Apr. 21st, 2009 08:55 am:
Tea Party Day

Last April 15th was Tea Party Day. And while I understand the anger over being "fed up with a Congress and a president who" ... I've got one glib and one not-so-glib item to say about this.

First, the glib. The original tea party was successful because raiders stole bales of the King's tea and dumped it into public waterways thus depriving him of his taxes. Dumping your own legally purchased and taxed tea into public waterways contributes to the king's tax base, and misses the whole point of both "tea" and "party". Not to mention that the original tea party was a protest of lower taxes that their representatives didn't get to vote on, which is the exact opposite of our supposedly higher taxes that they did. And I don't even know what to begin to say about faxing pictures of tea.

Second, the not-so-glib. A "$500 billion tax bill", "spending trillions of borrowed dollars", or "giving special interest groups billions of dollars in earmarks" is nothing to sniff at but don't miss the forest for the trees. Of the $1182bn Federal discretionary budget, the Department of Defense gets $515bn, or about half. That doesn't count the separately itemized $189bn Global War On Terror, the $44.7bn Department of Veterans Affairs, the $37.6bn Department of Homeland Security, or the $16bn military portion of the Department of Energy's budget. The total for defense spending comes to $803bn, or 68% of federal discretionary expenses.

The two biggest non-military, non-defense piece of the discretionary pie are the $63bn Department of Transportation - roads, bridges, and highways mostly - and the $68bn Department of Health and Human Services which supports the NIH and CDC. Do you like to drive, fly, or purchase products which are transported to you? Do you like not getting smallpox or polio? I thought so. The other big socialist heavy hitters that "take your wealth and redistribute it to others" are the $59bn Department of Education, $38bn Department of Housing and Urban Development, the $10.5bn Department of Labor, and the $9.6bn Army Corps of Engineers all of whom may, at some point, provide a socialist service to someone in America who is not directly billed for that service. The total for "socialist" spending comes to $250bn, or 21% of federal discretionary spending.

In short: For every dollar the Pentagon gets, the "socialists" get 31 cents, with another 16 cents for "overhead" to run everything from the State Department and Congress to the Post Office. Want to reduce your tax burden? Want to reduce federal discretionary spending? Blame the war hawks first. (Numbers here.)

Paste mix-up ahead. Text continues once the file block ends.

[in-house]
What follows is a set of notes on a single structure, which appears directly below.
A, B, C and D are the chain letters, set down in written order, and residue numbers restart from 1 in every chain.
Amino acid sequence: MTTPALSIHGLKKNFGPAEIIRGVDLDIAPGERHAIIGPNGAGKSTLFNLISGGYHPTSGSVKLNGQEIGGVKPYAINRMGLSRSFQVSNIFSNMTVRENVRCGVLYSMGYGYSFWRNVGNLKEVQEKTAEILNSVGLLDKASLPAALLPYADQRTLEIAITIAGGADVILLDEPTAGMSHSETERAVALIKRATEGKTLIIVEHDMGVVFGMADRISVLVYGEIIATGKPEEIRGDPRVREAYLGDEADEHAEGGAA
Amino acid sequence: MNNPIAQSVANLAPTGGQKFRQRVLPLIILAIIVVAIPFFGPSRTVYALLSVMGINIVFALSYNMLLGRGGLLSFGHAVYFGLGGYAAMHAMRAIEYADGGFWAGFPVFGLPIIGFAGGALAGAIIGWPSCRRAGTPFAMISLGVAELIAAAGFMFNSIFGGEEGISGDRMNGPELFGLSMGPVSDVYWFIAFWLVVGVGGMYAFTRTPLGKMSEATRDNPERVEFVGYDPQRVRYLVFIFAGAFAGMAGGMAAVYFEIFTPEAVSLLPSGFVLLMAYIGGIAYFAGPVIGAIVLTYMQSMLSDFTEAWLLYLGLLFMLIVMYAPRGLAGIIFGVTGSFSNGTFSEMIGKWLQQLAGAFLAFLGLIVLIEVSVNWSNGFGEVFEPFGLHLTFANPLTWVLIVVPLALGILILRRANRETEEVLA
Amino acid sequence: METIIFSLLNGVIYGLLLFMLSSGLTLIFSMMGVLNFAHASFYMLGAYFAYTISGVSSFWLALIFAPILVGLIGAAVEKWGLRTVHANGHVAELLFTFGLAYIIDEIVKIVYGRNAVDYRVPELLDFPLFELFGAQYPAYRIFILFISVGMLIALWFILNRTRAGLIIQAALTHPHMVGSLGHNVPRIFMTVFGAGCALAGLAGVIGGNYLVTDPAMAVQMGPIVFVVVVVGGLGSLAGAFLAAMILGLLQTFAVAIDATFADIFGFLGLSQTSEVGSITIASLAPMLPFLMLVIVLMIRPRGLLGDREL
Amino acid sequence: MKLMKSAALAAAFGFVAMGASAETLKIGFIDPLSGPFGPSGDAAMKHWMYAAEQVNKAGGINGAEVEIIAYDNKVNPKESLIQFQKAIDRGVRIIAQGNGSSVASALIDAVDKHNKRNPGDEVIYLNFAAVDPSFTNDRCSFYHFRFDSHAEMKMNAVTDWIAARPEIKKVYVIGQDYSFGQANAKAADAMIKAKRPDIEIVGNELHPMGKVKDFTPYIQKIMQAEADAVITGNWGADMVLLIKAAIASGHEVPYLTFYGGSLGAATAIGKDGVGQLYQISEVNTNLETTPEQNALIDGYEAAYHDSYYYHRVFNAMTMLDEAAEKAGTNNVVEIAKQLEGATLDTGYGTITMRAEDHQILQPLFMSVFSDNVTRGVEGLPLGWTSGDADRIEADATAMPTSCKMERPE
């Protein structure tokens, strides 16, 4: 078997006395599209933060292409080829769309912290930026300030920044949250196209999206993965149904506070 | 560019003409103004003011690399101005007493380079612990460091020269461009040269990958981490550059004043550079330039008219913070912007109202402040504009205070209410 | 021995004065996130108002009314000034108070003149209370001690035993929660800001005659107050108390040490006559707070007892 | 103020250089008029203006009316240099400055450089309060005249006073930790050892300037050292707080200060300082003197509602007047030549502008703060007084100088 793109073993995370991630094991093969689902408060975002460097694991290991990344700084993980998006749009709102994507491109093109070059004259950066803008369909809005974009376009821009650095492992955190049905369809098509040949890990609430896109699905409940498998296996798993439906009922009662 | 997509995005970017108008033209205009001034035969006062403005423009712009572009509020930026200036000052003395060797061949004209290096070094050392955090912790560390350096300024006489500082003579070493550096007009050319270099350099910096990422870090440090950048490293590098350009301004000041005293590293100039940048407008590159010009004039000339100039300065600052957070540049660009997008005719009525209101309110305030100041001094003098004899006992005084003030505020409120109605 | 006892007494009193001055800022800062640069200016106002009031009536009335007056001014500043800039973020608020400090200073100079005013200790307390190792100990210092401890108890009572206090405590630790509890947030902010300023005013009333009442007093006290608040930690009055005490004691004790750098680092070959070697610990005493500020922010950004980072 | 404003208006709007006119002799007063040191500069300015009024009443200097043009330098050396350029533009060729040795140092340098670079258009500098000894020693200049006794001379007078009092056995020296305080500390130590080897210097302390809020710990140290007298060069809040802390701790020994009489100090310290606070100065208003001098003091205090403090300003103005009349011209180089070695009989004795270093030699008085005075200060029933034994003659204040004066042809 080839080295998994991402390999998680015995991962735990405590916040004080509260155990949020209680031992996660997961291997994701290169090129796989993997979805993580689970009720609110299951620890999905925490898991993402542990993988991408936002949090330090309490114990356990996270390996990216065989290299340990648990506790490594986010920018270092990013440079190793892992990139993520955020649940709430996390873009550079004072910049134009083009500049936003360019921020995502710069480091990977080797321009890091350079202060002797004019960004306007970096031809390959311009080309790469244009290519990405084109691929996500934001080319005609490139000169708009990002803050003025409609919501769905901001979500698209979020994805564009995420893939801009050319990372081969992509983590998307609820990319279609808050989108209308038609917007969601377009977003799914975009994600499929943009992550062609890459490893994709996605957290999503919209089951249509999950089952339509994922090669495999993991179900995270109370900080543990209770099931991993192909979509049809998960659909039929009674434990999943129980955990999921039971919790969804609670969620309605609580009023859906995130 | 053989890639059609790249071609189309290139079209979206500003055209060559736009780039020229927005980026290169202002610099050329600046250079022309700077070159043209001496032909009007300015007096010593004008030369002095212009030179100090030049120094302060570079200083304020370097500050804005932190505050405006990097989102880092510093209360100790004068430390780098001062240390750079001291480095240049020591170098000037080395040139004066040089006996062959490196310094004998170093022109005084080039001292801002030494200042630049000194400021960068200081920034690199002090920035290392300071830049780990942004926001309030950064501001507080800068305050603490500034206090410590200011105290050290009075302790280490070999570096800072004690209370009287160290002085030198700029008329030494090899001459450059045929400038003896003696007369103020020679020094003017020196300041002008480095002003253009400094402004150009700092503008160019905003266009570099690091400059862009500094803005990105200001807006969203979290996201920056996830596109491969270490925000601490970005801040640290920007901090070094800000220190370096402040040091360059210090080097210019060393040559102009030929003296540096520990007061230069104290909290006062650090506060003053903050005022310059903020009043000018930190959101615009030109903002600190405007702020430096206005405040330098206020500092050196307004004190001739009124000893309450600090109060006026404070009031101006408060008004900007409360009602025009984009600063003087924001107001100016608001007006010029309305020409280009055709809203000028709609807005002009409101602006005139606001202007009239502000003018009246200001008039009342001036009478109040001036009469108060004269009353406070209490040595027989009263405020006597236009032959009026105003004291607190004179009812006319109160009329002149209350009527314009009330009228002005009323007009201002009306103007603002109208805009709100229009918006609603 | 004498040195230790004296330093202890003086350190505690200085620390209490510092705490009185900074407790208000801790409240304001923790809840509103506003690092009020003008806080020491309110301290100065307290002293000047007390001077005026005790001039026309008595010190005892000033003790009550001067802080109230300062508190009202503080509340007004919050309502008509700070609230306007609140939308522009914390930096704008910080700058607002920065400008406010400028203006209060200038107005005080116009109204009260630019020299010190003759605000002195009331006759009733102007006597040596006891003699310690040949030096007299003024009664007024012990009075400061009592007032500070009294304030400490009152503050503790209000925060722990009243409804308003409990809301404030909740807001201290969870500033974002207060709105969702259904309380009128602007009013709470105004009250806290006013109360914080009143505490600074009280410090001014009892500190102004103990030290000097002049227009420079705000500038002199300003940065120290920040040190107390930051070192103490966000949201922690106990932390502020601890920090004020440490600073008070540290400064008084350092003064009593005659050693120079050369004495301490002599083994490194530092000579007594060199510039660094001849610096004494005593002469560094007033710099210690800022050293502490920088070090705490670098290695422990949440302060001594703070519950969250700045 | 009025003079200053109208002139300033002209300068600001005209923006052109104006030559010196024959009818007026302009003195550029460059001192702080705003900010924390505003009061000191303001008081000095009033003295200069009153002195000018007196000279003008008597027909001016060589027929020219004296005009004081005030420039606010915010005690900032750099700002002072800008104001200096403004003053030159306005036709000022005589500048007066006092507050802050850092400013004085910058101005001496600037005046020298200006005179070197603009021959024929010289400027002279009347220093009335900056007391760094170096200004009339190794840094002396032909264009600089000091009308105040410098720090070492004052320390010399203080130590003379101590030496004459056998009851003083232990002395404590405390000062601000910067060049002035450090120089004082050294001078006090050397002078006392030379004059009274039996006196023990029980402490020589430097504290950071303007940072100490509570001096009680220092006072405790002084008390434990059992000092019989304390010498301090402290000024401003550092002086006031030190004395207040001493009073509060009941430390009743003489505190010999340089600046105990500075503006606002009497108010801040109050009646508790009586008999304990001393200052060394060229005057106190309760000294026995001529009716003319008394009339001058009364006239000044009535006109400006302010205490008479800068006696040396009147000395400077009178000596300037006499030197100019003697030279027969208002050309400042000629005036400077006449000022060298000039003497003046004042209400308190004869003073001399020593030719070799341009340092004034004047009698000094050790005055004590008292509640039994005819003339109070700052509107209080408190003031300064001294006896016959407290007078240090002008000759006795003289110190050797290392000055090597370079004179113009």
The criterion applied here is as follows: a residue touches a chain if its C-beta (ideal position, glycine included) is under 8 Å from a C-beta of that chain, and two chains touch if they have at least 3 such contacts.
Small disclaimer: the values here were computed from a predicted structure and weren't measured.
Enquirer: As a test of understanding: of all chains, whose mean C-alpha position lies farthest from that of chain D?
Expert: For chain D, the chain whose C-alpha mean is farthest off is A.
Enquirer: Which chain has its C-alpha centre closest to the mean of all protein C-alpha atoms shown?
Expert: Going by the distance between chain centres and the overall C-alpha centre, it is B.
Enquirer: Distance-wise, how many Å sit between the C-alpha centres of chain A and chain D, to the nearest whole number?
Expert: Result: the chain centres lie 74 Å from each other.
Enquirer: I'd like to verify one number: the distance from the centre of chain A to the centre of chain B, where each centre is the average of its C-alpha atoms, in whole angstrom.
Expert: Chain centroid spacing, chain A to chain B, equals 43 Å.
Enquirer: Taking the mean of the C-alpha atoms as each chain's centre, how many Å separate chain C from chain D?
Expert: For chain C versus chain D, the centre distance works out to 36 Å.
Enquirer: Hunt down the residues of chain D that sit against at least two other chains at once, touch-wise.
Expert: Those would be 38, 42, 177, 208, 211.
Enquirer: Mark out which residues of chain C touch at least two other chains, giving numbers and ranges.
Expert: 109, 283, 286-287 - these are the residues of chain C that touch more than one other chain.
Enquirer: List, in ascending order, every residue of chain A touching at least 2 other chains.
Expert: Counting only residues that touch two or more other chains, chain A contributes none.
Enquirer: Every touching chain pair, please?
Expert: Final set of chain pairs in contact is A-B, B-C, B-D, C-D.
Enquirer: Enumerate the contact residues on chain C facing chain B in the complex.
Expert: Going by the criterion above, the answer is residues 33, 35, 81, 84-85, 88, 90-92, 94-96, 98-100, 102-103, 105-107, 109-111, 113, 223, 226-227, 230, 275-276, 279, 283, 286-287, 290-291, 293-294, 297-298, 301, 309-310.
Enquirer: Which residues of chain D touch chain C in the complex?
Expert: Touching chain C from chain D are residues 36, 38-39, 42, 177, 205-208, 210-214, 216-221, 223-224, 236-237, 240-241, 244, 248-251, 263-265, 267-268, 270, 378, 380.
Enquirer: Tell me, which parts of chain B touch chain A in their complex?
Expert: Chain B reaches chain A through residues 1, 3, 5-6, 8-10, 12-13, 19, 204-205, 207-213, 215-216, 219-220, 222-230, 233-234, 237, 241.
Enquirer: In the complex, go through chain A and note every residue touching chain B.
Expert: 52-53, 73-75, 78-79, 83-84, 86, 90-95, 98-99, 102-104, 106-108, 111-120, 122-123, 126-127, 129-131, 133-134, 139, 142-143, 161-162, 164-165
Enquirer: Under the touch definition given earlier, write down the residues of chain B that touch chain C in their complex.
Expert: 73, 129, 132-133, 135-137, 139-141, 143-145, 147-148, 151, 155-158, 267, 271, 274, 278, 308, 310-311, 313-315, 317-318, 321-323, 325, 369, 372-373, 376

Of course that's just discretionary spending. The $1182bn that we get to choose how to spend this year, not the total $3.2tn that we've previously committed. And the biggest single piece of that (35.8%) is - again - national "defense". Second biggest is social security (20%), medicare (12.6%), and medicaid (6.6%) which sum to a little over a third (39%) of the total federal budget. If you'd like to run your party on the platform of shutting down medicare and social security you are welcome to do so, but please do so openly and honestly. Don't pretend that it's the fault of earmarks, pork, Democrats, Obama, illegal immigration, or any of your conventional bogeymen. And don't pretend that federal spending is "skyrocketing", either. Federal spending has remained around 25% of GDP regardless of party since the 1970s, with the increasing cost and percentage of health care being the most significantly changing variable.

Or blame George Bush. Just four expenditures which can be directly attributed to him - Global War on Terror, Department of Homeland Security, No Child Left Behind, and medical care at the Department of Veterans Affairs total to $293bn. That's $40bn more than all 'socialist' programs put together, not even counting the $534bn non-discretionary prescription drug entitlement.

See also: Where Do Our Federal Tax Dollars Go? by the Center on Budget and Policy Priorities.


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